War in the Balkans: How land assault could be made

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The timing

IN ONE sense, it is already too late. Apocalypse has struck Kosovo. Half the 1.8m ethnic Albanian population has been uprooted. The rest could follow in two or three weeks, before any serious Nato ground attack could be launched. It took three months to mass the 500,000 allied troops who drove Saddam Hussein from Kuwait in 1991. This time distances are shorter and fewer troops will be needed.

About 40,000 Yugoslav troops and police are in and around Kosovo, apart from unknown numbers in militias. The conventional wisdom is that, in a ground war, an attacker must outnumber the defender by three to one to prevail. However, Nato's aerial dominance and the shortages of fuel, parts and even food soon to confront the Serbs mean the force could be only 50,000. Currently, the alliance has about 12,000 men in Macedonia, and a smaller force in Albania. But in both countries Nato has been distracted by the colossal humanitarian disaster of the refugees. It could take a month or more to build the force up to the minimum needed to take Kosovo.

The logistics

HOW DO you get the men there and supply them? Had it been able to choose, Nato could hardly have picked a trickier target than Kosovo for its first military offensive. You can't fly in a ground army overnight; it takes, for example, 500 sorties by giant C-141 transport aircraft to move just one light division with minimal supplies, and without armour. This sort of exercise requires decent ports and decent highways.

Desperate to avoid being sucked into the conflict, Macedonia, the most convenient springboard for any ground assault, has said it will not allow its territory to be used as a base for an invasion. And what if Macedonia's Slav-dominated government asked the Nato forces to leave? On the map, the Yugoslav republic of Montenegro, sympathetic to the West and anxious to escape the grip of Milosevic, looks an option. But it has no adequate port and, more importantly, its government might well be toppled in a coup by Serbian hardliners if it looked likely to become Nato's gateway into Kosovo.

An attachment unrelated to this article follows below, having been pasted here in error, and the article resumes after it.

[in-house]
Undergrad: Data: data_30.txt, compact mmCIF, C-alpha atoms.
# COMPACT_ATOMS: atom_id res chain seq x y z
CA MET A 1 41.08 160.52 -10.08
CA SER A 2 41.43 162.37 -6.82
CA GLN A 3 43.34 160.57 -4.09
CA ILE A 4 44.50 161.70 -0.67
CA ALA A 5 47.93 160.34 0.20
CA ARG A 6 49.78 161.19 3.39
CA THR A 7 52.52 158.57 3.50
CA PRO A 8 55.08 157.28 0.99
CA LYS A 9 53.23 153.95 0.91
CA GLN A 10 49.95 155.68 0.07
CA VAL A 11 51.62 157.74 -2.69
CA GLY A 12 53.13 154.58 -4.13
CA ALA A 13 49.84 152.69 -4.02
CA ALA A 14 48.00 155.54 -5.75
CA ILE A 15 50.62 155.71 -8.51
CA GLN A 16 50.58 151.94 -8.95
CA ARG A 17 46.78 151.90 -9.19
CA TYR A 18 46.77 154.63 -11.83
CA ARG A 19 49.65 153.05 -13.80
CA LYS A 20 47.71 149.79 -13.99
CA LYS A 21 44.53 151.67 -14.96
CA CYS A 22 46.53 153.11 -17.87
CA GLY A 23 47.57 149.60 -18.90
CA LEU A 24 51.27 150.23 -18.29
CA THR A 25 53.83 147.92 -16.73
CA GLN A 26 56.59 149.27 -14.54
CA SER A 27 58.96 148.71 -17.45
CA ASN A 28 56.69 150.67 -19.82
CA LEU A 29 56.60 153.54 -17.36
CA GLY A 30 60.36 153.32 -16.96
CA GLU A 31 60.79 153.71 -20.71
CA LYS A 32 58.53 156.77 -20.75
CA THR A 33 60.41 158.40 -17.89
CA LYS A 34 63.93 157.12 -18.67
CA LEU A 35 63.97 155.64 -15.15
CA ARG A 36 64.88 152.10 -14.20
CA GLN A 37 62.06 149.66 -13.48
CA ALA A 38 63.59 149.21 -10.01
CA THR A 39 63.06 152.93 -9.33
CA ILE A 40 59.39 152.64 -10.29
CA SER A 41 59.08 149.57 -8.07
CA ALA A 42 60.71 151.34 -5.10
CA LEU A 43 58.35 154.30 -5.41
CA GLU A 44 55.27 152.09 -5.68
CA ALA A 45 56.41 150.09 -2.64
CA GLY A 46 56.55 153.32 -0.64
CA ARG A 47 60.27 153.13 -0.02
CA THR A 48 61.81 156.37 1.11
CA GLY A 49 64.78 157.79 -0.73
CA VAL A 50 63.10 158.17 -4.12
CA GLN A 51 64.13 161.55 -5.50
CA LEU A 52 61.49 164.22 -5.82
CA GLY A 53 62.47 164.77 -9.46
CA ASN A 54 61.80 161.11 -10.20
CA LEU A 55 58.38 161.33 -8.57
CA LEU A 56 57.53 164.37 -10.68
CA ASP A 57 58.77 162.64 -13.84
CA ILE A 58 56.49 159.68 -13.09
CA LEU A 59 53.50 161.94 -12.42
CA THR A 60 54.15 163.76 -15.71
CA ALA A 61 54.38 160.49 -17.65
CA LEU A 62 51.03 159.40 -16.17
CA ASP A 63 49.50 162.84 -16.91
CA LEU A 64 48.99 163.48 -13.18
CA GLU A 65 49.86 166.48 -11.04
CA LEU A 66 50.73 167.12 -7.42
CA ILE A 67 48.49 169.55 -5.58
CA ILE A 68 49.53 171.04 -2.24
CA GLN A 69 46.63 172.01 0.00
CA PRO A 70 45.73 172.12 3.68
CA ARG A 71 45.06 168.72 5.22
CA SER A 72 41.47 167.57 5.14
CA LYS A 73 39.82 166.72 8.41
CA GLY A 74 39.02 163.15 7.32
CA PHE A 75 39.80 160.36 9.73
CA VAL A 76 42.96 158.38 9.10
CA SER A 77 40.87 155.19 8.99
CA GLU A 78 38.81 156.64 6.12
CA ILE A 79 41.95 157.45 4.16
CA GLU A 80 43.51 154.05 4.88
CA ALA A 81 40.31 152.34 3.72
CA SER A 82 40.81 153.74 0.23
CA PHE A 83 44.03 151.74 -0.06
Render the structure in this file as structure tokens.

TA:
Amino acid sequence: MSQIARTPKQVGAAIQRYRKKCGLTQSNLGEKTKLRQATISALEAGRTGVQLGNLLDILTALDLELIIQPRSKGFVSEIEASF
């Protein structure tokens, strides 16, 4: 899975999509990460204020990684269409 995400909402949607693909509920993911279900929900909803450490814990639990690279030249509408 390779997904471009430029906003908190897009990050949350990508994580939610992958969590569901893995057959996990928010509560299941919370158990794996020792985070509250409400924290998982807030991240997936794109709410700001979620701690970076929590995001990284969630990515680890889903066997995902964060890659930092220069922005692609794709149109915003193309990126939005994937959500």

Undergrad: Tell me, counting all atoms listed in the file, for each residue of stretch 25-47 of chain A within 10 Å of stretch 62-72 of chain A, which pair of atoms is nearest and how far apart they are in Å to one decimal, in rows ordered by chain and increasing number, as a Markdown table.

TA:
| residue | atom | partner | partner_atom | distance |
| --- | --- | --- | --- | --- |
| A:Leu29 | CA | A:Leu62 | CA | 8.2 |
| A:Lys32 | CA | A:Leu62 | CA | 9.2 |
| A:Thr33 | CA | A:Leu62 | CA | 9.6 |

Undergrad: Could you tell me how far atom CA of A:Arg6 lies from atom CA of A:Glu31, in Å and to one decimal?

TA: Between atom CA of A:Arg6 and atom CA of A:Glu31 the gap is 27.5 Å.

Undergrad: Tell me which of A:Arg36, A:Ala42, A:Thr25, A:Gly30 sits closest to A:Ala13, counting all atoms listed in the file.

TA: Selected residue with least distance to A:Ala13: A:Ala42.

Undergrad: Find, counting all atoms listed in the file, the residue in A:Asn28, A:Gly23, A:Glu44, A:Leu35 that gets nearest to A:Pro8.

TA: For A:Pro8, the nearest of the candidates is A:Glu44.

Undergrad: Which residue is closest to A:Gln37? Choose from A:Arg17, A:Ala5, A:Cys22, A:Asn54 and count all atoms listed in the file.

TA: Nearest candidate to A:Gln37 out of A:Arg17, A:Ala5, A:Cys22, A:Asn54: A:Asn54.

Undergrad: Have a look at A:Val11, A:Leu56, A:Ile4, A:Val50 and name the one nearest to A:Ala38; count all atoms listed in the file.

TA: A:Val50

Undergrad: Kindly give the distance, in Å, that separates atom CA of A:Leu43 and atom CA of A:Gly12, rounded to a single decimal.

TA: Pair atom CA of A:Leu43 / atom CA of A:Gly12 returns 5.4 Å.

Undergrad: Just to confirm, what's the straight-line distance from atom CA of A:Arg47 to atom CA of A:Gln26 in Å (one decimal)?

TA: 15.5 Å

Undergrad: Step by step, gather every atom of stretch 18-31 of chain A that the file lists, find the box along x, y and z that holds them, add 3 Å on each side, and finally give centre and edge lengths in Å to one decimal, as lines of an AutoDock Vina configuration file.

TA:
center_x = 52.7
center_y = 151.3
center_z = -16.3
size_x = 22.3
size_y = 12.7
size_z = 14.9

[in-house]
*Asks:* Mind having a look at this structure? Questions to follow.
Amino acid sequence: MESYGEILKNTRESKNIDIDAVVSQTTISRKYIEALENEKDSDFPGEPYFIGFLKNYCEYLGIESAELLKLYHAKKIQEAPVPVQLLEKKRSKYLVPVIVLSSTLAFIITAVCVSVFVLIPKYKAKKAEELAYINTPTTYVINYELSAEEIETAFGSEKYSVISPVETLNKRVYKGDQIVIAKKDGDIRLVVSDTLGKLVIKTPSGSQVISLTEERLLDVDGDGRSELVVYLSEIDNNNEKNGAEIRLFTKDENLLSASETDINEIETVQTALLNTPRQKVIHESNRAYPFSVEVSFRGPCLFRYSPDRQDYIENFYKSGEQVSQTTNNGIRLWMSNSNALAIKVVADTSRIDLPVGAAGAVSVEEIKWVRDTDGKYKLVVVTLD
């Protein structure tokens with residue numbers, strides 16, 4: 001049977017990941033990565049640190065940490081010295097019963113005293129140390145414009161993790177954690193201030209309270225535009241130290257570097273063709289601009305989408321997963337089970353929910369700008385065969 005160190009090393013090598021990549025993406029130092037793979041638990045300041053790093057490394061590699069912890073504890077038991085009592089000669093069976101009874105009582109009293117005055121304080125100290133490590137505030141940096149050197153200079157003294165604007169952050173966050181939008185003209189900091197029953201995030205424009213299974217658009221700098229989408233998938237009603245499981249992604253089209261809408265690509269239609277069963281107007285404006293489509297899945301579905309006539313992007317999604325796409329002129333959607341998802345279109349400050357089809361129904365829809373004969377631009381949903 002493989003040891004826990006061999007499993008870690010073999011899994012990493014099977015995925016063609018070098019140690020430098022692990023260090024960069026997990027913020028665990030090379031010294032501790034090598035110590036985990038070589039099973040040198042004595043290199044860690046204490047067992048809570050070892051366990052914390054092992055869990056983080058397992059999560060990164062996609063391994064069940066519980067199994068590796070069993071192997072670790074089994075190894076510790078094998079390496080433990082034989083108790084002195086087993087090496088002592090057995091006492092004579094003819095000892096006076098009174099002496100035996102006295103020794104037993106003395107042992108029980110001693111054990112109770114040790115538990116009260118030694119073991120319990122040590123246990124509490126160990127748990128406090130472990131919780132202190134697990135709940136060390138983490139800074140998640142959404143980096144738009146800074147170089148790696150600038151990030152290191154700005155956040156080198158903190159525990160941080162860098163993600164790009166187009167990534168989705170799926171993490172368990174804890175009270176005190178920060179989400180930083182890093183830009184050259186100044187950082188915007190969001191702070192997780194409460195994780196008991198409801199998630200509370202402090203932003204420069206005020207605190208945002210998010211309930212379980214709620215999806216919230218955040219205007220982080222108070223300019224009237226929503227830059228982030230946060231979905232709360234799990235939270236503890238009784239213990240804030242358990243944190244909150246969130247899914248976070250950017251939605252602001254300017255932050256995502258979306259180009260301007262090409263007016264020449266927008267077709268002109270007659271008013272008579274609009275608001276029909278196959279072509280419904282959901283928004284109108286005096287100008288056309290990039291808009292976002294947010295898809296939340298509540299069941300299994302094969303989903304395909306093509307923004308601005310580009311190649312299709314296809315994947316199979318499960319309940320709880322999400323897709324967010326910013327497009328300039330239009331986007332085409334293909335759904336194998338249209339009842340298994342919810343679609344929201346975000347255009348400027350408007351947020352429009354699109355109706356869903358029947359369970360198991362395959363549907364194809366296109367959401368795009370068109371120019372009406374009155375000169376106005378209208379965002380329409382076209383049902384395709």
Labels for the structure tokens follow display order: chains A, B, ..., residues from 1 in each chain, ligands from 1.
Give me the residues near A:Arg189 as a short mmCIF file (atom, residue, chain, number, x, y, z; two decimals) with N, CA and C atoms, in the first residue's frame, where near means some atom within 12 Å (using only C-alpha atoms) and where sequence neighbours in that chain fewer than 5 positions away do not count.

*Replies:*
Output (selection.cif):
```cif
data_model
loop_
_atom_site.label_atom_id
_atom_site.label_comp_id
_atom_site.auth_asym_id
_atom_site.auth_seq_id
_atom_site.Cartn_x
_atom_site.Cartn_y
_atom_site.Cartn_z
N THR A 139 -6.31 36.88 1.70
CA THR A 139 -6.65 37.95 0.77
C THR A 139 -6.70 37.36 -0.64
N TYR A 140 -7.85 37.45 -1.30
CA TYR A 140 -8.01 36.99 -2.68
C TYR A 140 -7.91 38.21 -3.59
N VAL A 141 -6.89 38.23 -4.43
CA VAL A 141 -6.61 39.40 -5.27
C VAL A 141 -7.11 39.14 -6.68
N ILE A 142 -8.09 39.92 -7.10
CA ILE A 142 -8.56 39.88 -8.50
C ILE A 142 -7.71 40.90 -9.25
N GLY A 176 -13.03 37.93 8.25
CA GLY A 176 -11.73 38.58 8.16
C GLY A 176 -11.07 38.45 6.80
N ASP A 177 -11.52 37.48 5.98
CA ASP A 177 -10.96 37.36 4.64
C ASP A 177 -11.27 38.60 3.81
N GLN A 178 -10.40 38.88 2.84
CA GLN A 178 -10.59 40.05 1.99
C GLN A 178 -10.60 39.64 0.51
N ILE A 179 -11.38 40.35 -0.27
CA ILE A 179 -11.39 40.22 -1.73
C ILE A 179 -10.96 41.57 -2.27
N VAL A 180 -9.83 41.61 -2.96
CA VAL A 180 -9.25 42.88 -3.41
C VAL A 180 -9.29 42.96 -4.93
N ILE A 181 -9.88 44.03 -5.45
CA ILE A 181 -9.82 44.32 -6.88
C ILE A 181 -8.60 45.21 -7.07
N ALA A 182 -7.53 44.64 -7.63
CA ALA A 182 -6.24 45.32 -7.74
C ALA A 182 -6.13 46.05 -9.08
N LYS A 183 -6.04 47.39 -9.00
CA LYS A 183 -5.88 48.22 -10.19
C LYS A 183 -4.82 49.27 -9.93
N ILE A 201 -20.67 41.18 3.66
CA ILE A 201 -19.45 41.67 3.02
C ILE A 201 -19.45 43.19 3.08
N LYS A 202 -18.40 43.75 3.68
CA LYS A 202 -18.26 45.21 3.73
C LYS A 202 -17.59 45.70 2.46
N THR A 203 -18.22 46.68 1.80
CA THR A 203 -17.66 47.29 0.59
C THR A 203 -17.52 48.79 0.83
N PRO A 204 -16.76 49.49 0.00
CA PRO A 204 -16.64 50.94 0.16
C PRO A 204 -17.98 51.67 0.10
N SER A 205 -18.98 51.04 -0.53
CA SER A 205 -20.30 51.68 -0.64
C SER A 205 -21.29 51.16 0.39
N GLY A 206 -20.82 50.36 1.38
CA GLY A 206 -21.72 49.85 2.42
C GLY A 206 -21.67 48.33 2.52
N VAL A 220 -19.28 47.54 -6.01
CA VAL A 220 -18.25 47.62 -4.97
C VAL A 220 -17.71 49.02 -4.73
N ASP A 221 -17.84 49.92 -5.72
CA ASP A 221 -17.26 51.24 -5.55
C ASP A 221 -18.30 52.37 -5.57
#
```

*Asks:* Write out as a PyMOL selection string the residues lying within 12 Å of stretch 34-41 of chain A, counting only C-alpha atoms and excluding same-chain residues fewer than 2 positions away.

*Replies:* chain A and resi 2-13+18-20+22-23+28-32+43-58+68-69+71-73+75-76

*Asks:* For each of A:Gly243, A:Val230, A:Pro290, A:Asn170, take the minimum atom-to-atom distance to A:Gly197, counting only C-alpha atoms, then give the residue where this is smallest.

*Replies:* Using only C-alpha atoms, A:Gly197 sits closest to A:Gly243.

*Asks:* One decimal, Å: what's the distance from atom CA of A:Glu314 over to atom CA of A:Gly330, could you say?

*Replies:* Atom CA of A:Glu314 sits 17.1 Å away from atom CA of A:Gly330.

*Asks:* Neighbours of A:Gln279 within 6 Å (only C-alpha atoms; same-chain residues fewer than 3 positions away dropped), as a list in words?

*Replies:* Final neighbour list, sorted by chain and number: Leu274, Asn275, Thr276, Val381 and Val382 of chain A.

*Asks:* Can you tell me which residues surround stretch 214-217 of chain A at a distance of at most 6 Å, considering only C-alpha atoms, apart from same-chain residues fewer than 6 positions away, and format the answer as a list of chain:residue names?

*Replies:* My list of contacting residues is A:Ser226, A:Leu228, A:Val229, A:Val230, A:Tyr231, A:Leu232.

This leaves Albania. Here, obviously, support for Nato is not a problem, but strategically it's a different story. The country has only four inadequate ports (Durres is the best of them), and bad roads up to the Yugoslav/Kosovo frontier.

The terrain

KOSOVO'S BORDER with Albania, like the one with Macedonia, favours the defender. Moreover, Belgrade - which has flexed its muscles frequently there with "hot pursuit" raids against Kosovo Liberation Army (KLA) bases - is preparing anti-tank defences, including mines and trenches at the most obvious entry points.

Once into Kosovo, Nato ground troops could also find the going tough. The opposition will be well hidden, and scattered across rugged, broken country. The ethnic Albanians left in Kosovo are more likely to be human shields for Yugoslav tanks than anti-Serb partisans. A Nato force of 50,000 to 100,000, with its vastly superior firepower, would surely prevail. But not before casualties running into the high hundreds or low thousands, military experts predict, and perhaps not before the war has sucked in Macedonia, Albania and maybe others. All of which could stretch to breaking point the strains within the alliance.

Nato Unity

SO FAR the alliance has held together far better than expected. Even Germany, with its historical qualms about taking part in an offensive war in Europe, has not wavered during the air phase. Whether it would participate in a land invasion is another matter.

Britain and France, Europe's two biggest military powers and co-sponsors of the failed Rambouillet peace conference, would be expected to play the major part. But America's involvement would be essential: if it refused to act while others went ahead, Nato's entire future would be in doubt.

The biggest risk is Greece. The only way of getting heavy armour close to Kosovo quickly is via the port of Thessaloniki, which has good rail and road links north to the Macedonian capital, Skopje. But that needs Greek approval and Athens, a friend of the Serbs and Nato's most reluctant warrior, is adamant that it will not become involved in military operations. To do so would almost certainly bring down the government of the Prime Minister, Costas Simitis, and destabilise Nato's south-eastern flank.

The options

WITH ALL these difficulties, therefore, a ground war will be no walkover. Nato's choices are limited. The most obvious option is to use forces in Macedonia and Albania to secure a safe zone in south-east Kosovo, which could serve as shelter for the refugees and thereafter as a platform for a wider campaign to drive the Serbs from the province - or as the basis for its future partition. If presented as a humanitarian operation, Greek and Macedonian objections could be overcome, while Nato's air superiority means the operation is feasible, even with a relatively limited force. Probably something along these lines will happen even if - for the reasons already outlined - supplying the troops could be a problem.

The extreme option is a ground attack, probably from Hungary, aimed not at Kosovo but at Belgrade, where the root of the problem lies. This would truly elevate Kosovo to the last great war of the century, and Mr Milosevic to a Hitlerian plateau of evil. It would also be a war with even less predictable consequences, and massive casualties, which even an emotional, morally driven Western public would find hard to accept.